Safeguarding the political impartiality of the public service continues to be of critical importance. Our 2011 Survey of Staffing found that employee awareness continued to increase: 69% of respondents were aware of their rights and responsibilities to a moderate or great extent, up from 63% in the previous year. We will continue to collaborate with organizations and other stakeholders to find ways of improving the level of awareness among employees.
Hiring and staffing in the public service
Now, I would like to turn to hiring and staffing activities. This was an unusual year as departments and agencies were preparing for the possibility of budget reductions by managing their vacant positions very closely.
In 2011-2012, overall hiring to the public service declined by 10.3%. This includes indeterminate, specified term and casual hiring, as well as the hiring of students. This was the third consecutive year in which hiring decreased. Internal indeterminate staffing activities also decreased.
As overall hiring declined and the rate of departures remained stable, the Public Service Employment Act population decreased from 216 709 employees in March 2011, to 211 610 employees in March 2012 — a decrease of 2.4%. At the end of this fiscal year, almost 90% of the population were indeterminate employees. This is the highest proportion of indeterminate employees in the past 10 years.
The mobility rate, which represents the movement to and within the public service, reached its lowest point since the late 1990's. Promotions dropped the most with almost a 20% decrease relative to last year. Acting appointments also decreased by 11.9%.
This brings me to workforce adjustment.
Mr. Chair, when I last appeared before this Committee, I spoke about the PSC’s two roles in enabling departments and agencies as they implement workforce adjustment.
Our first role is to provide policy guidance and support to departments in selecting employees for retention or lay–off; and our second role is to support persons that have a priority for appointment in the public service.
We have seen a steady increase in the number of priority persons during 2011-2012, rising by 13%, from 1,597 to 1,808. However, that number has increased by 52% to 2,744 as of October 18. Since April 1st, we have also seen a drop in the placement of priority persons. With surplus employees accounting for most of these appointments, the overall drop has been felt more significantly by priority persons with other types of entitlement, including former Canadian Forces members who have been medically released. We continue to monitor this situation closely and are working with our partner, Veterans Affairs, to develop solutions.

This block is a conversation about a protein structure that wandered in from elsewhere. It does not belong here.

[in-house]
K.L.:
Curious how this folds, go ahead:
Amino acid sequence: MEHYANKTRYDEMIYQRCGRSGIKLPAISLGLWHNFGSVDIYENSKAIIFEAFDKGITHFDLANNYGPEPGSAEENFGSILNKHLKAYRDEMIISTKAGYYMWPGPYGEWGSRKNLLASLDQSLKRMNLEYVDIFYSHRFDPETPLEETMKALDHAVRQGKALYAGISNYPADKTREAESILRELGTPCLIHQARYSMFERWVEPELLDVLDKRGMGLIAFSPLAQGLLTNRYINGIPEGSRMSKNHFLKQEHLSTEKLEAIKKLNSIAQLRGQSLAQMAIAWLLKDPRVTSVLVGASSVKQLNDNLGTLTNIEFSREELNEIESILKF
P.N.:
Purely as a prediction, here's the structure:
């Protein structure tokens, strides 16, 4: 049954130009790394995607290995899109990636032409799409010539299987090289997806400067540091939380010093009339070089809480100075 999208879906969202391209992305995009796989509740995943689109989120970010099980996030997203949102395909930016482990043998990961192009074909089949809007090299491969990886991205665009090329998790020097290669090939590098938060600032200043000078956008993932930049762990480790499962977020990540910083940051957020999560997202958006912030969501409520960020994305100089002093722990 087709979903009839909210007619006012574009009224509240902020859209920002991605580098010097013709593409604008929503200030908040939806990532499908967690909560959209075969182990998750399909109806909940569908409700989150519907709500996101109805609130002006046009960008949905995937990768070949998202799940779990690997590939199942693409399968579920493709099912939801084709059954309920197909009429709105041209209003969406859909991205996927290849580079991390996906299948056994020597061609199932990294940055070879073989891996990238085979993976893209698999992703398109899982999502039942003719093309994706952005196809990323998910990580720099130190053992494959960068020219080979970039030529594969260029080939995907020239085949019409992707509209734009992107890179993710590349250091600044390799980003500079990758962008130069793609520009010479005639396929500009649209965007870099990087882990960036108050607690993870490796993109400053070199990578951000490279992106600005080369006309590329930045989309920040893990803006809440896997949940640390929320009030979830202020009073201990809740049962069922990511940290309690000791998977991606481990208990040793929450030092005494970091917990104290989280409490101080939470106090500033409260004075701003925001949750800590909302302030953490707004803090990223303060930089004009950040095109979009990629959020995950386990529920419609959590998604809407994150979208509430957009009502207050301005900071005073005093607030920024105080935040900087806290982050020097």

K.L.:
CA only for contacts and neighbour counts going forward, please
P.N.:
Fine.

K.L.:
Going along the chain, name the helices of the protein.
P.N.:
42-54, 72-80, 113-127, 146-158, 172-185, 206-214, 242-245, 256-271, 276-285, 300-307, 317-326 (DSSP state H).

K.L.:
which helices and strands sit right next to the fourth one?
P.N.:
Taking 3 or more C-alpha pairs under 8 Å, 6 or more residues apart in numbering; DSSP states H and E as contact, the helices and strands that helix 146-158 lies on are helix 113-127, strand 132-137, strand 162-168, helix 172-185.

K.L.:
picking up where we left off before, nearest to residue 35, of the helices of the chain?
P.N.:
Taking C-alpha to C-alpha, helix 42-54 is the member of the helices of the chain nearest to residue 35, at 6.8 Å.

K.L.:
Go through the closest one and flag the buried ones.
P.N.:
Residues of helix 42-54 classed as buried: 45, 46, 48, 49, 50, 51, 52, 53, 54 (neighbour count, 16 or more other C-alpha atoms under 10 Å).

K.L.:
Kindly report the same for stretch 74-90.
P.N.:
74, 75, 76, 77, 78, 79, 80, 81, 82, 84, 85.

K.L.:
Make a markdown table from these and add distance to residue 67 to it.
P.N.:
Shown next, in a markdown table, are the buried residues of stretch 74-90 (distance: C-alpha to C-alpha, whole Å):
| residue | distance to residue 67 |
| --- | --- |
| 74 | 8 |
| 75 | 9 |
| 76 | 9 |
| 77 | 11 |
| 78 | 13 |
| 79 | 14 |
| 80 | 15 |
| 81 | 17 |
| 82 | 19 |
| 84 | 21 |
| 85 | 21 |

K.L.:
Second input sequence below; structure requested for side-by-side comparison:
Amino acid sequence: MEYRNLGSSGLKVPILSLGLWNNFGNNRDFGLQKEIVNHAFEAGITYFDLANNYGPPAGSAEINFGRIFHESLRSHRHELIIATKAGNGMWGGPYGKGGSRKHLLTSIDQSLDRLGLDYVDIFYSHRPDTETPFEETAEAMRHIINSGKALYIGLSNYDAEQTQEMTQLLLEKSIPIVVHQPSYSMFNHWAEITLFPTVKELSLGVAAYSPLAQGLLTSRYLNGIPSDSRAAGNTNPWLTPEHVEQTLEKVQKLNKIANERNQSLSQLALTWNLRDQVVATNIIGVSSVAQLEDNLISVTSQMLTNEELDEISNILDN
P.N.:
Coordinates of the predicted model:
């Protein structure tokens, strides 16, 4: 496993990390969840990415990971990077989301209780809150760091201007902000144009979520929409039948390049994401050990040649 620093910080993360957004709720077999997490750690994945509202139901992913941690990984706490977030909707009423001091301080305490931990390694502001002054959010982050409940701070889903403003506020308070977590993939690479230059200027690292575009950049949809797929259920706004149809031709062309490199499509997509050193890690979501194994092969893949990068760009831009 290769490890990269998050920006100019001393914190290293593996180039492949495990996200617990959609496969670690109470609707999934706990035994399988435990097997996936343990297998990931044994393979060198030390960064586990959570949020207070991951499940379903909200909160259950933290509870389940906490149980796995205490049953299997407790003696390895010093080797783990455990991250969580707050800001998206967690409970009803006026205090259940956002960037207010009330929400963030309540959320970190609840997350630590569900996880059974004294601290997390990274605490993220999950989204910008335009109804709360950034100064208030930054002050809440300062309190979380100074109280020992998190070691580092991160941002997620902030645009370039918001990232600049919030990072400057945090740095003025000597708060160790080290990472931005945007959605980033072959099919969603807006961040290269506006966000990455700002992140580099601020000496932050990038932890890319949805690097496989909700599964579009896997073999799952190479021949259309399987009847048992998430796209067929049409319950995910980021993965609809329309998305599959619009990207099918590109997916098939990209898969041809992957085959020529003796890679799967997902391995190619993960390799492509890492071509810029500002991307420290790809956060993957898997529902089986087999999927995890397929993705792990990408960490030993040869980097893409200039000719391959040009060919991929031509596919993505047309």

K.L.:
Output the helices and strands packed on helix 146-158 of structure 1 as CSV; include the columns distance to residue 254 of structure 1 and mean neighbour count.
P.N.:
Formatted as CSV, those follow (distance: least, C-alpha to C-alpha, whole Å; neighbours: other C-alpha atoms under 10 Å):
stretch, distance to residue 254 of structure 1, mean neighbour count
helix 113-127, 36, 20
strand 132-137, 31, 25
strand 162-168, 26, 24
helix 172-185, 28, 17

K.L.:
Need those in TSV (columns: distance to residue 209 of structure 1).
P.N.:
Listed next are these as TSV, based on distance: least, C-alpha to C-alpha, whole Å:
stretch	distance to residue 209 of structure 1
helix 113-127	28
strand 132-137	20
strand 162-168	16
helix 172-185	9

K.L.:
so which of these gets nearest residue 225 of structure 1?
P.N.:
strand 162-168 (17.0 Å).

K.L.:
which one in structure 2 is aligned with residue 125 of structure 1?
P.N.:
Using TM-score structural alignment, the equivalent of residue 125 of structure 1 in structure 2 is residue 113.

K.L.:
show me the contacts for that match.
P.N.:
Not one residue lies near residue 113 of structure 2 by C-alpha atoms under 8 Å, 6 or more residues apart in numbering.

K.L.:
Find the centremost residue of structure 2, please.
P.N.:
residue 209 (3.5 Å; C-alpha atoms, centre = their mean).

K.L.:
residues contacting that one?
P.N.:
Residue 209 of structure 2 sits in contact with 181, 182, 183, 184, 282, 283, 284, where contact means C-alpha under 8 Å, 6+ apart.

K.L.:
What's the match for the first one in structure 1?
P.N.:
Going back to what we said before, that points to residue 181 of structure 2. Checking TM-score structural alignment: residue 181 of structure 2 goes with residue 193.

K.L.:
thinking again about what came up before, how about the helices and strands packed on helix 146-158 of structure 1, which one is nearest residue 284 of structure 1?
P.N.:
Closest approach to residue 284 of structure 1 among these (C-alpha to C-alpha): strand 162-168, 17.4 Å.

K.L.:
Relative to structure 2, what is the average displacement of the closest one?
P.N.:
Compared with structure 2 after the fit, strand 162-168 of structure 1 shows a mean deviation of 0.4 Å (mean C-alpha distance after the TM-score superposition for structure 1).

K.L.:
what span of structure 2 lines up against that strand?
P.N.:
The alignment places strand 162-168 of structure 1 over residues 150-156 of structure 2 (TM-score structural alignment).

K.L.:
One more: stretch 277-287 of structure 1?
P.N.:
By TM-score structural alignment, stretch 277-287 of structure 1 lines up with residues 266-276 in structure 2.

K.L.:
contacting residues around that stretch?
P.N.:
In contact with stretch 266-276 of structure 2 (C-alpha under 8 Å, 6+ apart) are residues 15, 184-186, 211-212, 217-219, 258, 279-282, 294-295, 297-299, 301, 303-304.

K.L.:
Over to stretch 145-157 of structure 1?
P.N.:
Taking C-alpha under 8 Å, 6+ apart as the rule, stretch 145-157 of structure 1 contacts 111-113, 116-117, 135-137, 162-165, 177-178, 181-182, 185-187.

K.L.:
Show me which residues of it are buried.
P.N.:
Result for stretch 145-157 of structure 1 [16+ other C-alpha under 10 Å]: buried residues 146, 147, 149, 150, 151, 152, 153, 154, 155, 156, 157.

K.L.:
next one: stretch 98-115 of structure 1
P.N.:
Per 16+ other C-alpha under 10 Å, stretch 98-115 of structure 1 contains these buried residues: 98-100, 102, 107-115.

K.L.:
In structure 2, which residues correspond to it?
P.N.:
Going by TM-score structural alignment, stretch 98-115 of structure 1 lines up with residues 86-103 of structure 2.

We expect the priority administration program will be the main source for staffing vacant positions over the next few years. As such, we continue to enhance its transparency and effectiveness, in collaboration with stakeholders. This strategy will help us ensure that as many skilled and experienced priority persons as possible can be placed quickly and efficiently.
I would like to now speak about our modernizing initiatives.
In 2011-2012, the PSC continued to invest in technology as part of the modernization of our services. We made a number of advances in our on-line testing services for candidates. We’ve also begun to develop an on-line open data source that would allow for the more timely release of staffing performance data to organizations. This tool would not change the way in which we report to Parliament, but it would allow organizations to respond to issues in real time.
Looking ahead, we will continue to support organizations as they implement workforce adjustment as a result of Budget 2012.
While the Priority Administration Program will be the main source for staffing positions in the public service over the next few years, it may not be able to meet all existing needs for what the Clerk of the Privy Council refers to as “key skills gaps” in his 2012 Report. The public service will need to continue to conduct targeted recruitment to ensure that the public service of the future constitutes a skilled workforce that can deliver results for Canadians.
We are committed to fostering strong and collaborative relationships with all stakeholders, including Parliamentarians, departments and agencies as well as bargaining agents, so that Canadians will continue to benefit from a professional and non-partisan public service.
Mr. Chair, I would be pleased to respond to your questions.